We encountered few complications (6; 6.3%): self-limited hemorrhage (2), mild hemorrhage (2), mild desaturation (1), and complex cardiac arrhythmia (1). The latter occurred in an intensive care patient and was the only case that required early interruption of FFB.

The debate over whether FFB or RB should be the method of choice for removing FBs is still relevant. RB is undoubtedly the preferred technique in children. In adults, FFB has progressively gained importance.2,4–8 Our results are in line with previous works.1–3,9,10 A systematic review reported a success rate of 89.6% and concluded that FFB avoided the need for RB in approximately 90% of cases.1 Our limited number of complications is also in accordance with the literature.1,9

There is no official definition for acute or chronic aspiration. We adopted Fang et al. terminology, labeling aspirations that occur within 1 week of the procedure as acute and those that last more than a week as chronic.10 Although no time data was described in 45 patients, thus limiting our analysis, our results were as expected: most acute cases were referred from the emergency room and most chronic from outpatient clinics or general wards; chronic aspiration had an higher proportion of FB distally lodged, choking was more common in acute aspiration, and chronic cough and recurrent pneumonia in chronic aspiration. Given the larger airway caliber in adults, inhaled FBs tend to lodge distally in the tracheobronchial tree.4 We found that 37.3% of the FBs were located in segmental bronchi. Lodging so distally leads to a more insidious clinical appearance or even a complete resolution of symptoms,2,4 which may explain the late removal in several cases.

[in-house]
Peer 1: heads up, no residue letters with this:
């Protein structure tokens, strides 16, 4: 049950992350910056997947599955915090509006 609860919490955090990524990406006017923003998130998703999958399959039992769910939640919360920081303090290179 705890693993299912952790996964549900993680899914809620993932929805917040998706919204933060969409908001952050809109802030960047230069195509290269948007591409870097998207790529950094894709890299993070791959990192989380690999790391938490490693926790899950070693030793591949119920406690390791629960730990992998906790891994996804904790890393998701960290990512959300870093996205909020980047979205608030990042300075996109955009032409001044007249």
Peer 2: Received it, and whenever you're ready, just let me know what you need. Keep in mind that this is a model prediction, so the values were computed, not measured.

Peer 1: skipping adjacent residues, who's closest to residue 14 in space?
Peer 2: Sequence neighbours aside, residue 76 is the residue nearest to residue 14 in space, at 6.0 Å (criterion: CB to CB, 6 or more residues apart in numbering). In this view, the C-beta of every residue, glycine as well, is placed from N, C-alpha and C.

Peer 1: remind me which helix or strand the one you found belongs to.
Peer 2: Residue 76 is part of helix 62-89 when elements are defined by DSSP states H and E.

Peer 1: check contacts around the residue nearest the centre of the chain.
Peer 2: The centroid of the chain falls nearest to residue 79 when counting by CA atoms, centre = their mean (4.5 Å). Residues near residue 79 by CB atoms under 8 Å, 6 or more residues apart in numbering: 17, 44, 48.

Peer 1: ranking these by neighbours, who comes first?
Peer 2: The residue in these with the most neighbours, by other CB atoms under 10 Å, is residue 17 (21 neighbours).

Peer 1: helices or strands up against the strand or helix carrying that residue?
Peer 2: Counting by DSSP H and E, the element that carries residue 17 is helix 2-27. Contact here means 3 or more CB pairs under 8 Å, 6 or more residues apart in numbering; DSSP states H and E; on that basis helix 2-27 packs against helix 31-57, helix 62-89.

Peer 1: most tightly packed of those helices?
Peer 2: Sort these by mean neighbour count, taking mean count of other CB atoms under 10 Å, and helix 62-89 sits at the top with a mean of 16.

FFB has several advantages over RB, as it is a relatively safe, easy, and widely available procedure.3,9,11 FFB can be performed on an outpatient basis and avoids general anesthesia.1,11 Furthermore, FBs lodged distally in the airways are not easily accessed by RB.1,3 FFB allows for immediate conversion of a diagnostic procedure into a therapeutic one, avoiding more invasive techniques.3 Since FB aspiration is often not suspected in adults, FFB's adaptability becomes particularly relevant.

RB should be considered in unstable patients, as it offers a wider working channel and better ventilation control.2,3,11 RB also plays a role in cases in which FFB cannot be therapeutic. In our series, after FFB failure, 6 patients underwent successful RB.

Our experience showed that the nature and location of the FB, time between aspiration and removal, and gender do not seem to affect the removal success with the flexible bronchoscope. Previous attempts to remove the FB may be associated with FFB failure.1,11 In these situations, RB should be considered. Importantly, respiratory endoscopy units in which FFB is the first choice for removal of FBs should also have the technical and logistical ability to appropriately perform RBs,3 as FFB and RB are complementary techniques.

The retrospective and mainly descriptive design of our study presents some limitations which we attempted to minimize by considering a large period of analysis and a sizeable sample. Nevertheless, it highlights the value of FFB in FB removal, avoiding a more time- and resource-consuming second invasive procedure that requires general anesthesia.

In conclusion, FFB is a safe and effective procedure for the extraction of inhaled FB and can be considered as the first invasive diagnostic and therapeutic technique. Gender, nature of the FB, time elapsed between aspiration and procedure, and FB localization do not seem to promote complications and affect the outcome.

Authors’ contribution

Each of the authors of the article has contributed substantially to the elaboration of the manuscript.

Informed consent

The authors confirm that written consent has been obtained from all patients.


This research did not receive any specific grant from funding agencies in the public, commercial, or not-for-profit sectors.

Conflicts of interest

Nothing to declare.